of Every Human Being, and PersecuResolutions and Statements, relative tion for Conscience Sake the most to the Persecution of the French Pro-, atrocious of Crimes : Proved in a Sertestants, extracted from the Proceedings - mon, preached on Dec. 10, at Hemel of the General Body of Protestant Dis. Hempstead, for the Benefit of the Persenting Ministers of the Three Deno secuted Protestants in France. By John minations in and about the Cities of Liddon. Is. London and Westminster. 8vo. 6d. Notes, intended as Materials for a Statement of the Persecution of the Memoir

, on the Affairs of rthe ProProtestants in France since the Re- testants of the Department De Gatd. storation of the Bourbon Family. By By the Committee of Disbenting Mithe Rev. Ingram Cobbin. 3rd edition.' nisters at Williams's. Libraty: 870. 8vo. 48...

1s. 6d.
The Cause of the French Protestants The French Preacher; containing
Defended against the Attacks of the Select Discourses, translated from the
Christian Observer. By the Rev. I: Works of the most eminent French
Cobbin. 8vo. Is.

Divines, Catholic and Protestant, with

308

Correspondence. Errata. , Biographical Notices of the Authors, venant, or Remarks or Regeneration, and a Characteristical Account of many &c. In Answer to the same. By T.T. distinguished French Preachers. To Biddulph, A.M1. Minister of St. James's, which is prefixed, An Historical View Bristol. svo. 55. sewed. of the Reformed Church of France, On Terms of Communion, with a from its Origin to the present Time. Particular View to the Case of the By Ingram Cobbin. Evo. 128. Baptists and Padobaptists. By the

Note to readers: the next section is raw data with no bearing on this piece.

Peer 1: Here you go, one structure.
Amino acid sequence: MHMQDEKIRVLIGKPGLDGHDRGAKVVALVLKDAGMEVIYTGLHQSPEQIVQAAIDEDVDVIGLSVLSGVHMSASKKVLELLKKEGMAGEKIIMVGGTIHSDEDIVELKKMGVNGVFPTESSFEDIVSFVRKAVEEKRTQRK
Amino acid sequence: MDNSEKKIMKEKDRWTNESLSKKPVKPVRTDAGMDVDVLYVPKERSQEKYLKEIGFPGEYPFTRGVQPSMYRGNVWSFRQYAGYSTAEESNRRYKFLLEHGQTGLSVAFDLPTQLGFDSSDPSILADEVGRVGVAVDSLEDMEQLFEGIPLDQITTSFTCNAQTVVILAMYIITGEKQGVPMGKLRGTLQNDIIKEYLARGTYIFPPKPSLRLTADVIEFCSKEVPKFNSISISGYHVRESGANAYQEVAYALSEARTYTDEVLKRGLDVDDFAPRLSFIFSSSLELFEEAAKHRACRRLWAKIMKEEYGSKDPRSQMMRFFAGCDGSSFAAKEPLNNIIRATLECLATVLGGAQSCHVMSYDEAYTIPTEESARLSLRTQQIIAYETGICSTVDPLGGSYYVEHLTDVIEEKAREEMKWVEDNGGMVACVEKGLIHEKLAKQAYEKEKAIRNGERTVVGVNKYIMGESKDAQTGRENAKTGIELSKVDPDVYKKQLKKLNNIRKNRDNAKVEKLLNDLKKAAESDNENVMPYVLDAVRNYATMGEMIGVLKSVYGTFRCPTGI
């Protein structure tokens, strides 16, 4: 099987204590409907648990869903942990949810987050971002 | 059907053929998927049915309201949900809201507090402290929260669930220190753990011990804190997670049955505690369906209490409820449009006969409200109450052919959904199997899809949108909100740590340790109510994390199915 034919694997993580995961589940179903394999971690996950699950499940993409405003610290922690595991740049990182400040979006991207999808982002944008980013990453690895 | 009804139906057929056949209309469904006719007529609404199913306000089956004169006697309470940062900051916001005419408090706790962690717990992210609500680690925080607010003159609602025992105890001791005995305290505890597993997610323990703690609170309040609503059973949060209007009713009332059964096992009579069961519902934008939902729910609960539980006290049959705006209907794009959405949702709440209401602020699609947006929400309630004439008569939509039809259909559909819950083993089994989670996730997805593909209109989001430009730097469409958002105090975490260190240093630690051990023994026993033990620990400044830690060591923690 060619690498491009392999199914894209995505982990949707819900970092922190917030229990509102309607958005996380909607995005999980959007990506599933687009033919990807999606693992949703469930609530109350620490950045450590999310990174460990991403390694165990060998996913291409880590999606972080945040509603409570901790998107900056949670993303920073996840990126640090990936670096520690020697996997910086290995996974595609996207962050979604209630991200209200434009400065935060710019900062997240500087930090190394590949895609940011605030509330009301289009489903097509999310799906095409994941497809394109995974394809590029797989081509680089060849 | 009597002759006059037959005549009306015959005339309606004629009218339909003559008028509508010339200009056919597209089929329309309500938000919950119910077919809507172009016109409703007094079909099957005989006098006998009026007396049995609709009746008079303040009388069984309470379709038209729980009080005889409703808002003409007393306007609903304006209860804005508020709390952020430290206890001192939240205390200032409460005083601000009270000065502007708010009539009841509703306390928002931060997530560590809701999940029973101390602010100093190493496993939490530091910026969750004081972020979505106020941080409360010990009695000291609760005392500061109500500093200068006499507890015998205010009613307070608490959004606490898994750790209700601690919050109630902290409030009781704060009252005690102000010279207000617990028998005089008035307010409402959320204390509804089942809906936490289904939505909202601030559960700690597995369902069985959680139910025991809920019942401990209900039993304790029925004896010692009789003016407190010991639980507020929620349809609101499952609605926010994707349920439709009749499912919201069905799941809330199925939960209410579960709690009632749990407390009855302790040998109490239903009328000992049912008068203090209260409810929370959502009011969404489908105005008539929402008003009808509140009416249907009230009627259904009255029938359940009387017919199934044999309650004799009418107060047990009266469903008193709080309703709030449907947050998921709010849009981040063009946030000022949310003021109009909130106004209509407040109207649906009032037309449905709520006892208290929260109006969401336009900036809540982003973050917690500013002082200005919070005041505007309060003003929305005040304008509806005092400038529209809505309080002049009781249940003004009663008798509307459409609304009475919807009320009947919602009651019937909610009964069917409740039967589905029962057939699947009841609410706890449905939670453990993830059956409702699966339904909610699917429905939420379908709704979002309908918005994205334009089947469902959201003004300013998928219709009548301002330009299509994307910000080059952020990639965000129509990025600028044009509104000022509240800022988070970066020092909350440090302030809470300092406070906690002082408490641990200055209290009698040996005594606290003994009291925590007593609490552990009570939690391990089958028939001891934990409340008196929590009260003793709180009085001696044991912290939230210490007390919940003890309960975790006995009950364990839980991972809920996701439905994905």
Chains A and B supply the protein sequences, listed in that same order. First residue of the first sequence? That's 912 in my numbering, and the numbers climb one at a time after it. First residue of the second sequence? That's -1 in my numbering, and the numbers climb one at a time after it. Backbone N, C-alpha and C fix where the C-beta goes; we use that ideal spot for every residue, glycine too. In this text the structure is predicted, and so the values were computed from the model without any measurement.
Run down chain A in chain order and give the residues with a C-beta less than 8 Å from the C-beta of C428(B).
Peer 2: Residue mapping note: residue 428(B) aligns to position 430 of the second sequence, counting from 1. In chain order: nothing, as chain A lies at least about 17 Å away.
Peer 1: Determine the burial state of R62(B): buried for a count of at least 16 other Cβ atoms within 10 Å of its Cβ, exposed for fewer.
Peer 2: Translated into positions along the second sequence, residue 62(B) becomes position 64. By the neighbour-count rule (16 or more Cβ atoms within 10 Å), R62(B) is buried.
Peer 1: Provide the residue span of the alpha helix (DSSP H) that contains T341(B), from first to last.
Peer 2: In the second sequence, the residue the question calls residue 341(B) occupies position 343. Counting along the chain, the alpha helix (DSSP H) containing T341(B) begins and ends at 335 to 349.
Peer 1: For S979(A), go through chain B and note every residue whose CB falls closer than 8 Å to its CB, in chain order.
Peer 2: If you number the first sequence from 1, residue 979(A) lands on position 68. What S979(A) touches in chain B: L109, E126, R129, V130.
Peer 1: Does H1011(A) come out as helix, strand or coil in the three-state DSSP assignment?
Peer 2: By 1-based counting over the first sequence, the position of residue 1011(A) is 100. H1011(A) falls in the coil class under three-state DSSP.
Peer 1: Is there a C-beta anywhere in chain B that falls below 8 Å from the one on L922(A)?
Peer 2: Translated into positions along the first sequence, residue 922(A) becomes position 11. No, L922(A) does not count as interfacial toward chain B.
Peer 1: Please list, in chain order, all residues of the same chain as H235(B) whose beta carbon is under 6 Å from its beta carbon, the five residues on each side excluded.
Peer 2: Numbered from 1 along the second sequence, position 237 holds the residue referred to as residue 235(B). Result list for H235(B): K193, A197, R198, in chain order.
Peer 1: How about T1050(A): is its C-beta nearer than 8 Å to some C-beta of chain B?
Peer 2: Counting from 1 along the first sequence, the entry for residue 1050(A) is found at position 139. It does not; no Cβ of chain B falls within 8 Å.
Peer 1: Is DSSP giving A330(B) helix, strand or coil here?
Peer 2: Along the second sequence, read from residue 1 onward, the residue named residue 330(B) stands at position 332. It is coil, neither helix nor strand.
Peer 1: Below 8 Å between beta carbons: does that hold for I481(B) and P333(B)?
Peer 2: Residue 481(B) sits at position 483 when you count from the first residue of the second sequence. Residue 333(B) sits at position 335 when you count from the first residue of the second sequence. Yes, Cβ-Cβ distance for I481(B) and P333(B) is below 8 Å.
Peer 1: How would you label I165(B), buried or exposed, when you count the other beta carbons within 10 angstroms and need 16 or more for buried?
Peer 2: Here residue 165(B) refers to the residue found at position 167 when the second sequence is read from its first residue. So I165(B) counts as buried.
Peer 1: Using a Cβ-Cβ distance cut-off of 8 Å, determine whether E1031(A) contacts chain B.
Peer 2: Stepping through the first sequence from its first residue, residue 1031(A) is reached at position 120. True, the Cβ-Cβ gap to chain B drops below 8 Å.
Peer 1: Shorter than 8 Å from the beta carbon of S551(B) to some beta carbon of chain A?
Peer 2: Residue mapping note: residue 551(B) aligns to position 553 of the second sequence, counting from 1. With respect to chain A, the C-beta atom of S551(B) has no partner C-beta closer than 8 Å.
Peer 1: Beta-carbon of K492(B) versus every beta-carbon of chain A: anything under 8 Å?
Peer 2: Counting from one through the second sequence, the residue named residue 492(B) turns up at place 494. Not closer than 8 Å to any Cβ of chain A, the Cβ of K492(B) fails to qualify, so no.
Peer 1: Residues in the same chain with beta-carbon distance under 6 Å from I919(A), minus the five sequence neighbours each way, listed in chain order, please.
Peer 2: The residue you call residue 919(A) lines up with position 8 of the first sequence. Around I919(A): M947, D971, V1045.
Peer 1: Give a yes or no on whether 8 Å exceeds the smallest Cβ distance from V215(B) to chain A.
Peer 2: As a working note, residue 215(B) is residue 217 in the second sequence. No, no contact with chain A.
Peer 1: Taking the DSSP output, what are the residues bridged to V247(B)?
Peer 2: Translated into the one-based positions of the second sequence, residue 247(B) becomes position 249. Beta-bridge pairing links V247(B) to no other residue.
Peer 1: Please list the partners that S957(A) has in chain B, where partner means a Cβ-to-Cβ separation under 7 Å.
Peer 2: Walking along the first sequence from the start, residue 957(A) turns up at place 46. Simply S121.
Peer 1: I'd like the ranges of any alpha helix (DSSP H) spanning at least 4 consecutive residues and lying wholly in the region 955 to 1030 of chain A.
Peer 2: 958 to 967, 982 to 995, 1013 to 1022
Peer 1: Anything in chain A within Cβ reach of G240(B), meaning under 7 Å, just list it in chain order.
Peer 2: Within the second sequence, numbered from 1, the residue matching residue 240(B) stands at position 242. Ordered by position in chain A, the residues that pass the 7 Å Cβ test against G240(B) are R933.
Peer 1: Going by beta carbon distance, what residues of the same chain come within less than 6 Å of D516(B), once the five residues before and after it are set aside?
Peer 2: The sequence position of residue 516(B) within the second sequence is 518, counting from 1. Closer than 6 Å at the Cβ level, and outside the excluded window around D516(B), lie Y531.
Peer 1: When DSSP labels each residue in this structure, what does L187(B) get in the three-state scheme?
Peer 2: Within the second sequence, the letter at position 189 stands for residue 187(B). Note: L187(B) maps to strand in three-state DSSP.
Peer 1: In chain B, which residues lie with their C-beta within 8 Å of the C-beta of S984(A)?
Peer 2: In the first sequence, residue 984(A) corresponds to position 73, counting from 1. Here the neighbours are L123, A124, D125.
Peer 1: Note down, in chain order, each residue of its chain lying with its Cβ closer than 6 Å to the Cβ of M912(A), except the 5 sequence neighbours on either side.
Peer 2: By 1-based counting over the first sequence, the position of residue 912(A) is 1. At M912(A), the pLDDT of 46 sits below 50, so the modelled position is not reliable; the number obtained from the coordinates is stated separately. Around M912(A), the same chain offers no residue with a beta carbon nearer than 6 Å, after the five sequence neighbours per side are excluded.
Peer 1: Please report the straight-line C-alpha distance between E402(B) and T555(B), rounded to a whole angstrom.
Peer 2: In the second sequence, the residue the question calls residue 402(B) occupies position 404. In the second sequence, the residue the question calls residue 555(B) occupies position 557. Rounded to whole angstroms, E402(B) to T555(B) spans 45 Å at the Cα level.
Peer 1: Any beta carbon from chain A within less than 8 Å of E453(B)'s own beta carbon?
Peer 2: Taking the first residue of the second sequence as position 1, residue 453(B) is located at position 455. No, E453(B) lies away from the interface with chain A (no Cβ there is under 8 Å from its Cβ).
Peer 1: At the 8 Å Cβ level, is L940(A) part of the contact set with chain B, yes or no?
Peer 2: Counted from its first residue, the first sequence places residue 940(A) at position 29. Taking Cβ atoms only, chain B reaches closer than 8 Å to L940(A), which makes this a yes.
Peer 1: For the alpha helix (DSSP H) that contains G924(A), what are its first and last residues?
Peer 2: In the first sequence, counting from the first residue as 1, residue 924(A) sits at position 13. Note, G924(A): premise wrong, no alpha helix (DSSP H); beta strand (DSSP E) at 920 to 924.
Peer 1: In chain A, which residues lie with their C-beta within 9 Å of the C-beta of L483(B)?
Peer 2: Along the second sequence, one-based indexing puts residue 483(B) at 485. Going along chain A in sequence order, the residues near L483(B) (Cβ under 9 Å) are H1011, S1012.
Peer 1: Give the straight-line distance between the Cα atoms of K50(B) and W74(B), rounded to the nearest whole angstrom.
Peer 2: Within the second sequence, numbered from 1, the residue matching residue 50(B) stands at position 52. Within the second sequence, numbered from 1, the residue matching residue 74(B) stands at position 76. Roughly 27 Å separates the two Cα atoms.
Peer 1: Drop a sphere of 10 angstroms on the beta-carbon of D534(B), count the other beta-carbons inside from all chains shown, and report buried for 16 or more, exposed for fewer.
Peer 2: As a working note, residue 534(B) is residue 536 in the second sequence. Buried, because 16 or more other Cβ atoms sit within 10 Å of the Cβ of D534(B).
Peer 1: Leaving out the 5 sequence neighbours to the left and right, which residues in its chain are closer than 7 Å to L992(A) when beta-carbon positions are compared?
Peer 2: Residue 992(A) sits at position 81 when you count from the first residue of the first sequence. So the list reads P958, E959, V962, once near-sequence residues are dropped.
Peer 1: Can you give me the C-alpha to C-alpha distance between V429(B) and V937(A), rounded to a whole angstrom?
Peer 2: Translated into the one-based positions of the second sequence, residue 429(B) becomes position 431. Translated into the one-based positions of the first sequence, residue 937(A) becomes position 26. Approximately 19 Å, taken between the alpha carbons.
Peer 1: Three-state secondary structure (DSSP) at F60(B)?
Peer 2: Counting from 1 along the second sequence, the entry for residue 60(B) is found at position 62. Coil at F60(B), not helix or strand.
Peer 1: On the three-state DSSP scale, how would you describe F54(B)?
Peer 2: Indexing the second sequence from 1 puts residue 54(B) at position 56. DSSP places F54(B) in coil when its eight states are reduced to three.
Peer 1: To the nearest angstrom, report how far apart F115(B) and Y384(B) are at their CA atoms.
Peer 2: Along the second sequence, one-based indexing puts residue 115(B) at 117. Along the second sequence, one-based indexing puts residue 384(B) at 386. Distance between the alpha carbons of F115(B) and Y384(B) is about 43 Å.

'On the late Persecution of the Pro. Rev. Robert Hall, A.M. 8vo. 58. testants in the South of France. By 3d edition. Helen Maria Williams, 3s. 6d.

The Essential Difference between

Christian Baptism and the Baptism of Baptism.

John, more fully stated and confirmed; Two Tracts, intended to convey cor- In Reply to a Pamphlet, entitled " A rect notions of Regeneration and Con- Plea for Primitive Communion." By version, according to the Sense of the Robert Hall, A.M. 8vo. 2s. Holy Scriptures and the Church of Baptism, a Term of Communion at England. Extracted from the Bampton the Lord's Supper. By J. Kinghorn. Lectures of 1812. By Richard Mant, 8vo. 45. D.D. Chaplain to the Archbishop of A Practical View of Christian Bap Canterbury, and Rector of St. Botolph's, tism, addressed particularly to Parents Bishopsgaie. Is. 6d.

intending to devote their Children to An Enquiry into the Effect of Bap. God in that Ordinance. By William tism, according to the Sense of Holy Harris. Is. fine. 6d. common. Scripture and of the Church of En Scriptural Regeneration not necesgland; In Answer to the above. Bysarily connected with Baptism, in the Rev. John Scott, M.A. Vicar of answer to Dr. Mant. By G. Bugg, North Ferriby, &c. 8vo. 5s. sewed. A. B. 38.